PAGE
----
Patrick Hamilton’s 1929 play Rope, has been humorously revived for OutFox Productions by director John Fricker. The play depicts two wealthy, well-educated young men, Wyndham Brandon and Charles Granillo, who kill a fellow student and lock the body in a large chest, which later that evening serves as the buffet table for a dinner party. A series of invited guests arrive and the play becomes a backwards murder mystery; the audience try to decipher whether the murderers will be ratted out or not.
Christopher Walsh as the vulnerable, shaken Granillo gives a textured performance that captures the indecision of the character. Walsh’s Granillo is something of an endearing puppet of the domineering Brandon. Joe Sowerbutts’ performance as Brandon is somewhat mannered, though he does capture the sense of “doing it for the thrill” that is crucial to the character.
Bryant skilfully portrays the humanity and pain hidden behind Cadell’s cynicism; a wonderfully engaging, thoughtful performance.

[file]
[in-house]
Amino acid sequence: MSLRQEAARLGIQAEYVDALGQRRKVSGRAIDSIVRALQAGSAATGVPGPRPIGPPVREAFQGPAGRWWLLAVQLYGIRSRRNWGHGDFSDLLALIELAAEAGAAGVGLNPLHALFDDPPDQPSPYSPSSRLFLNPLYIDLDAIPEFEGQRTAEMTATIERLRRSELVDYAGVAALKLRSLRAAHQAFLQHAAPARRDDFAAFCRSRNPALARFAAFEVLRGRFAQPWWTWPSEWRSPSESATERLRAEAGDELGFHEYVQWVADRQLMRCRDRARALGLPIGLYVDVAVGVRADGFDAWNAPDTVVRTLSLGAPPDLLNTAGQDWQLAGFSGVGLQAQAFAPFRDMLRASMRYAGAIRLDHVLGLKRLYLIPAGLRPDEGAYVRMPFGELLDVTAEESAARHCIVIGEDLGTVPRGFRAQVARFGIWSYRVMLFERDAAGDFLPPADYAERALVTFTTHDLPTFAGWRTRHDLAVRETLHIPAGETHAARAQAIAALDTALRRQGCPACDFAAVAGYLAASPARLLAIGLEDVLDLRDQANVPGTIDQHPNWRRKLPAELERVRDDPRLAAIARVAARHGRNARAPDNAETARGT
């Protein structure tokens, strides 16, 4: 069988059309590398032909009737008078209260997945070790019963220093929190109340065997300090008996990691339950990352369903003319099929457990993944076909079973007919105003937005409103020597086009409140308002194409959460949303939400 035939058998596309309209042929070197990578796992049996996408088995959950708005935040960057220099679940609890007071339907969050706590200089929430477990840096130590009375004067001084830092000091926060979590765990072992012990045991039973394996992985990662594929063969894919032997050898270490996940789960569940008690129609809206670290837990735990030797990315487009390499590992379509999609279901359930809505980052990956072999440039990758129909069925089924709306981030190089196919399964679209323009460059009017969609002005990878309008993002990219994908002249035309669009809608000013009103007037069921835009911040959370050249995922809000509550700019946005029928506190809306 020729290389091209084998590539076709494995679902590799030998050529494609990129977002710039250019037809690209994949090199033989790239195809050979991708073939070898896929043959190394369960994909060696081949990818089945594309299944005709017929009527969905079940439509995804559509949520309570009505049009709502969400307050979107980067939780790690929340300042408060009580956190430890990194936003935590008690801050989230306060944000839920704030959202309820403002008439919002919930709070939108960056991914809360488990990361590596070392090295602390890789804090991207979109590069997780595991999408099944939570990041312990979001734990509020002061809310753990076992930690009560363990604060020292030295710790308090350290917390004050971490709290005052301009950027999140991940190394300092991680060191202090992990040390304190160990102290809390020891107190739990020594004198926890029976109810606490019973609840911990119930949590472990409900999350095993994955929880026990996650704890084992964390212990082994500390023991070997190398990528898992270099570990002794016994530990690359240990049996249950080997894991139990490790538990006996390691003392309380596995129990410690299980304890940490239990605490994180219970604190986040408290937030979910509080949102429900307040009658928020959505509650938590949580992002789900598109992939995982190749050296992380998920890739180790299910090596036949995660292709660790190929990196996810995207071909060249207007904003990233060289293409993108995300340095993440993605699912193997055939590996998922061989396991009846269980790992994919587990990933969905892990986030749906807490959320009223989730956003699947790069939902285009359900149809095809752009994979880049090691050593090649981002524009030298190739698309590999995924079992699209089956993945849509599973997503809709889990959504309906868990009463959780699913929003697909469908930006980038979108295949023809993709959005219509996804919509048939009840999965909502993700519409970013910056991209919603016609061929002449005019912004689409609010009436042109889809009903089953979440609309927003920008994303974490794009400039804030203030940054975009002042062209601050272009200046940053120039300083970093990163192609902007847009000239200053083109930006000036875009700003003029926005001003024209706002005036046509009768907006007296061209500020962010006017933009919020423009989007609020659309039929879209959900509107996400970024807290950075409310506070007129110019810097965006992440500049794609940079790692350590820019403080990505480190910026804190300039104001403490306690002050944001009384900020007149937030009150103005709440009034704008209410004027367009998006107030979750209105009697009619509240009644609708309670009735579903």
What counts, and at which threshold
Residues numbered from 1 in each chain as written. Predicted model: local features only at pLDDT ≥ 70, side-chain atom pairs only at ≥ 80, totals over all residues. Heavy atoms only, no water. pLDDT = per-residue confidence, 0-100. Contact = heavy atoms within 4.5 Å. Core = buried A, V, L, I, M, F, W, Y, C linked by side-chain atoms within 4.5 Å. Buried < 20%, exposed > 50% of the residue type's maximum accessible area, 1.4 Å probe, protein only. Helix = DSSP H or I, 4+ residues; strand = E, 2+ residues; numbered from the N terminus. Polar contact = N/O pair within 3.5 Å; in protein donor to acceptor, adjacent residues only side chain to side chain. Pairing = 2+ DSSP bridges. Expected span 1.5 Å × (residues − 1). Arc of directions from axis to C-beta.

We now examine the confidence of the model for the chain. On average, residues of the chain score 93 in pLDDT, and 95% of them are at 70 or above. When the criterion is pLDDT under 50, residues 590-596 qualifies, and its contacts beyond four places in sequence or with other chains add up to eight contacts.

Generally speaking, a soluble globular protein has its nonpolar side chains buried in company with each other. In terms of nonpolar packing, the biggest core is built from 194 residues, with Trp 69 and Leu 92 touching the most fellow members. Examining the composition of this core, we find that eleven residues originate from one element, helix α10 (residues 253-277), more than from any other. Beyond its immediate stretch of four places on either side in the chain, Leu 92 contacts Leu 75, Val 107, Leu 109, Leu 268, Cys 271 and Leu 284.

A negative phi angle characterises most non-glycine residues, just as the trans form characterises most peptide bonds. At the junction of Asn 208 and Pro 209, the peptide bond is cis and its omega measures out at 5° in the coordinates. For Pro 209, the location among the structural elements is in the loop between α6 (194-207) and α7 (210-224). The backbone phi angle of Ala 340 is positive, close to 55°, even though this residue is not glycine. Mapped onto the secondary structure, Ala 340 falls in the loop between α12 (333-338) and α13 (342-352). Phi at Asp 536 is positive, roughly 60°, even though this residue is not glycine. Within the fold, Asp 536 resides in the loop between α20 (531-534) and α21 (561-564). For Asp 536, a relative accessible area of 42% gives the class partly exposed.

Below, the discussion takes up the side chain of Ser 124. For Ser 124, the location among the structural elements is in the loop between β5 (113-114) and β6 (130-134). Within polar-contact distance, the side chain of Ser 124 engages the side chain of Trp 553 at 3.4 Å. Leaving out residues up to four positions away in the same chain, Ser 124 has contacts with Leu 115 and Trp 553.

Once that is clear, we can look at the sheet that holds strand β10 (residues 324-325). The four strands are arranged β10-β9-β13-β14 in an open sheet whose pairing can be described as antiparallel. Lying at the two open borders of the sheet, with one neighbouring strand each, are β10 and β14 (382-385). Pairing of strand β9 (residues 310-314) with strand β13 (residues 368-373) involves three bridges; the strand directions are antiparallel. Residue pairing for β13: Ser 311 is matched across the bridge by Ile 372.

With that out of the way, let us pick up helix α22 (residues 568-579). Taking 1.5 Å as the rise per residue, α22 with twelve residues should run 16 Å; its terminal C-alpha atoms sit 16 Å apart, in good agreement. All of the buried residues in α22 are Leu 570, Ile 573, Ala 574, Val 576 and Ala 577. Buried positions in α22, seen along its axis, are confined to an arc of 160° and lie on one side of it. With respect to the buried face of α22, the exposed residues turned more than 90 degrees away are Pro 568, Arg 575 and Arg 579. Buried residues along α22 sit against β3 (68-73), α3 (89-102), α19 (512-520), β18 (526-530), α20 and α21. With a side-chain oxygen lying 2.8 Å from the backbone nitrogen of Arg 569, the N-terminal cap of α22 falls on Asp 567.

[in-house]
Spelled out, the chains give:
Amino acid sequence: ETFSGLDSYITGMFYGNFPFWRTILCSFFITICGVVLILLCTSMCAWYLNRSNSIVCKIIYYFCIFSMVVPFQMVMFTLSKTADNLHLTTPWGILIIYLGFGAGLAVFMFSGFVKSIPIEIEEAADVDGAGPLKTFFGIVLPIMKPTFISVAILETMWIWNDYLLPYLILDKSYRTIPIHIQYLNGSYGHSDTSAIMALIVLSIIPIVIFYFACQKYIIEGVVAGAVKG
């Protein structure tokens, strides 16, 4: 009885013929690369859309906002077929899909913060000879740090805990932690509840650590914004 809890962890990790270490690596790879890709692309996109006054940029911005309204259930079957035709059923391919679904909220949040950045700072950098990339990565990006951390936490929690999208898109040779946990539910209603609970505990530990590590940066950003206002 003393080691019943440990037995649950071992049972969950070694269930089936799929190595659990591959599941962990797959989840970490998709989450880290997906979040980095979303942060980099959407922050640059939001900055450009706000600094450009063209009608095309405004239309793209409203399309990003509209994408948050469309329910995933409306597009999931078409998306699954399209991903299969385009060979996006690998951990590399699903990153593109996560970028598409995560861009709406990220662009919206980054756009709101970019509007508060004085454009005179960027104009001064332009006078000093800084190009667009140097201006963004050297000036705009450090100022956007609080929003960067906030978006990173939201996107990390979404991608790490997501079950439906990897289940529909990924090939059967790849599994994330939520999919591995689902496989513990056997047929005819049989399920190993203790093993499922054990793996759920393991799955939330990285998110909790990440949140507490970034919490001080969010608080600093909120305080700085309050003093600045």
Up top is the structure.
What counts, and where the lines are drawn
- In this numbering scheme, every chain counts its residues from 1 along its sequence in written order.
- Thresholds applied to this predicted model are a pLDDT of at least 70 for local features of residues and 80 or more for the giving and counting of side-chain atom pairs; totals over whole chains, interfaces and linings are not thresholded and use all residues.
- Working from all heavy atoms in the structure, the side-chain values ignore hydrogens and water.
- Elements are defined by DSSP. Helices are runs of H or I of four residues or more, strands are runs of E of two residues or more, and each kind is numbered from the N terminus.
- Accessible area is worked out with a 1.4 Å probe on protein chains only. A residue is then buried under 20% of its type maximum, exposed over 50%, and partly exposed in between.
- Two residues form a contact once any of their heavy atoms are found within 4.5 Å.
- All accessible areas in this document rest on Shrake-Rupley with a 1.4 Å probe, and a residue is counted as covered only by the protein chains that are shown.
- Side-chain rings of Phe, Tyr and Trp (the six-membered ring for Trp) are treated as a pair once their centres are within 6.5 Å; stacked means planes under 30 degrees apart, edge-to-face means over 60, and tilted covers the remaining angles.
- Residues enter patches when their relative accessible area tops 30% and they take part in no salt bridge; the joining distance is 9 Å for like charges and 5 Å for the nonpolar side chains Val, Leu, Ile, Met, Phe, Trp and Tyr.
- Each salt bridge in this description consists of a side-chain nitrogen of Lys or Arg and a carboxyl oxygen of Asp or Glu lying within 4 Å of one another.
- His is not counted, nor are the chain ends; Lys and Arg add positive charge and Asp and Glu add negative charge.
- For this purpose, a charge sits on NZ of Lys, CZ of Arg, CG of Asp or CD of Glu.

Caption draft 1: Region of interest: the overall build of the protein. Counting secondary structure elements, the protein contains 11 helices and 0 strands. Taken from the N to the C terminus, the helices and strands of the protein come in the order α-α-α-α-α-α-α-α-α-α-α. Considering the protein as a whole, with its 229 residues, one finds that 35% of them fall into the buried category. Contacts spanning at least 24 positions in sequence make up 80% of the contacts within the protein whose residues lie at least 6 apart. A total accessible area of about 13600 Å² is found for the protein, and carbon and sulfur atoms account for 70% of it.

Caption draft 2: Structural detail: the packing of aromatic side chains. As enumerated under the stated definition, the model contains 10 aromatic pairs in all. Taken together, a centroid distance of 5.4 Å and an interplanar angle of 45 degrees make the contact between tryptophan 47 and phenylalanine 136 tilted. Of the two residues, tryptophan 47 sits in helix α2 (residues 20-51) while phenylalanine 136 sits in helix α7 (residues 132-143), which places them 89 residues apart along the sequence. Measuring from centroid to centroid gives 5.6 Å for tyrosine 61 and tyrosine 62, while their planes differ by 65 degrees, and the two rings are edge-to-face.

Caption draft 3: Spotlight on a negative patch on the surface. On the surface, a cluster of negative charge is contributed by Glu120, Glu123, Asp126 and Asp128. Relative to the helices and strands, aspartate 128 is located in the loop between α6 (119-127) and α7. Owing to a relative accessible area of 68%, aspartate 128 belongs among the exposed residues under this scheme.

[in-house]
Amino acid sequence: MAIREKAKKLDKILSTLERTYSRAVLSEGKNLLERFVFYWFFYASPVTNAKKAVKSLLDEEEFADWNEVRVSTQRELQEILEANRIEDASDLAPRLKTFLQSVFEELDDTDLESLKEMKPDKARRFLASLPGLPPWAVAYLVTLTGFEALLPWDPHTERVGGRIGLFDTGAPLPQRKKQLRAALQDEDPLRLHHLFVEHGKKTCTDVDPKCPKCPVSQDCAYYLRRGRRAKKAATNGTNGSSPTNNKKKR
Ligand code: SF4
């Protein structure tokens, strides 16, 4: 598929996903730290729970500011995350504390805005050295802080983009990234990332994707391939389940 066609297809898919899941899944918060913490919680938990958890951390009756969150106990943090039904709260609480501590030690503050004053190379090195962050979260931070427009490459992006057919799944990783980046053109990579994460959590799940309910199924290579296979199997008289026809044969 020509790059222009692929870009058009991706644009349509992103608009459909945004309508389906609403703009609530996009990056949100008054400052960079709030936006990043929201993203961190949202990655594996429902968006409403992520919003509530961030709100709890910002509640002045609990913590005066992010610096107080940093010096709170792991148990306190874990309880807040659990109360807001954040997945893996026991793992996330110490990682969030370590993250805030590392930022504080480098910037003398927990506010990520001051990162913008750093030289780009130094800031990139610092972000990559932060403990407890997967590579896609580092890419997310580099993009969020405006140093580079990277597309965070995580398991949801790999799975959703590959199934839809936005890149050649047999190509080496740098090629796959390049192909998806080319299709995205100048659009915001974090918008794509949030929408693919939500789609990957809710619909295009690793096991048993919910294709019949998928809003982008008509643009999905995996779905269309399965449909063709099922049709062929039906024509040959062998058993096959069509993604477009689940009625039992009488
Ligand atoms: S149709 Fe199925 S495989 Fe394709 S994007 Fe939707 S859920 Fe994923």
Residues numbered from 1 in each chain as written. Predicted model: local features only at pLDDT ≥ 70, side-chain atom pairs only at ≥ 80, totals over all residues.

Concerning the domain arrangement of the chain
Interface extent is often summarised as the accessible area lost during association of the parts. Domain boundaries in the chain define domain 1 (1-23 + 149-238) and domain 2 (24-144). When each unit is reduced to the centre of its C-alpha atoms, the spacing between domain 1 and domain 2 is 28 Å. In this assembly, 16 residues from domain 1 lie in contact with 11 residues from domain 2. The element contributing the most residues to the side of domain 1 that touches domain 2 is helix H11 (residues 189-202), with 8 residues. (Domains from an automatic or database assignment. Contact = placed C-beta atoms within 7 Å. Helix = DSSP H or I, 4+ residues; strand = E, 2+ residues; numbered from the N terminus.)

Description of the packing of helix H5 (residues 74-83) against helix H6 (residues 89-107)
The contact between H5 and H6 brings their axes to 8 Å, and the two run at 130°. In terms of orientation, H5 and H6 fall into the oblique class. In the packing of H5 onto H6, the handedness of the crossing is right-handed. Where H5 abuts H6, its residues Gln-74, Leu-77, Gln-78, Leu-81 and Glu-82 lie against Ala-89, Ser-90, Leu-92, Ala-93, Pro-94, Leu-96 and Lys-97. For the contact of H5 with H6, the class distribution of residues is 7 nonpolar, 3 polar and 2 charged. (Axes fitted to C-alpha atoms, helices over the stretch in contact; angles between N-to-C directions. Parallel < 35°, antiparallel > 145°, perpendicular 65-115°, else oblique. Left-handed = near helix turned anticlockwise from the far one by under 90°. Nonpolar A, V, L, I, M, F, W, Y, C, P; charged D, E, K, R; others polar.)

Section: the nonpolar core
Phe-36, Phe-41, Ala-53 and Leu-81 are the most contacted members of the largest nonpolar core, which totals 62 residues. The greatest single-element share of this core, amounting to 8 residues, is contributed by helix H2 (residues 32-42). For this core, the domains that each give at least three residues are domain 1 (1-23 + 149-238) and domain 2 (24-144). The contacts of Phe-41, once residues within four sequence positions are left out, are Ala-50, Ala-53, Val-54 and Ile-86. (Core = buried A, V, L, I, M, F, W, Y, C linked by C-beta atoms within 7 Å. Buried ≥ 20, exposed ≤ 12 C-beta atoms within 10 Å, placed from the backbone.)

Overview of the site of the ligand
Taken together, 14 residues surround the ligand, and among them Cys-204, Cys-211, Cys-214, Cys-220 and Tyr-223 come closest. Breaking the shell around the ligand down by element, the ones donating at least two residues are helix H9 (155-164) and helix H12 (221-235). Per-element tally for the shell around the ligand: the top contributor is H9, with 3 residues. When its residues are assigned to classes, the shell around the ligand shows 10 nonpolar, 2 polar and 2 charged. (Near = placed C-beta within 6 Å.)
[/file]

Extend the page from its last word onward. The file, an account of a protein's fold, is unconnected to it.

The threat comes in the form of damaged veteran of the Great War turned poet and die-hard cynic, Rupert Cadell, brilliantly played by Will Bryant. Bryant skilfully portrays the humanity and pain hidden behind Cadell’s cynicism; a wonderfully engaging, thoughtful performance. Of the dinner party guests, Ana Luderowski and Marco Petrucco stand out. Playing scatty flapper, Leila, and the focus of her affection, Kenneth Raglan, the duo give witty, light-hearted performances.
Fricker’s direction balances a frenetic, almost farcical pace with well-earned moments of silence while playing up the dark comedy of Hamilton’s script, which on the whole it works. There is an inherent humour in the dramatic irony of the situation, but this joke quickly wears thin and some variation could be beneficial. Indeed, the play seems to never quite get to the point.
Fricker has conjoined the first two acts of the traditionally three-act script, making for a marathon act one and a bizarrely short act two. It may have been more effective to run straight through, perhaps with some minor cuts to the beefy script, to avoid breaking the spell of ‘real time’ action.
On the whole, though, this is an enjoyable production. The mannered performances let down the subtlety of the script, but it is a worthy revival of a strong play.
*** (3 stars)
Runs until 27th April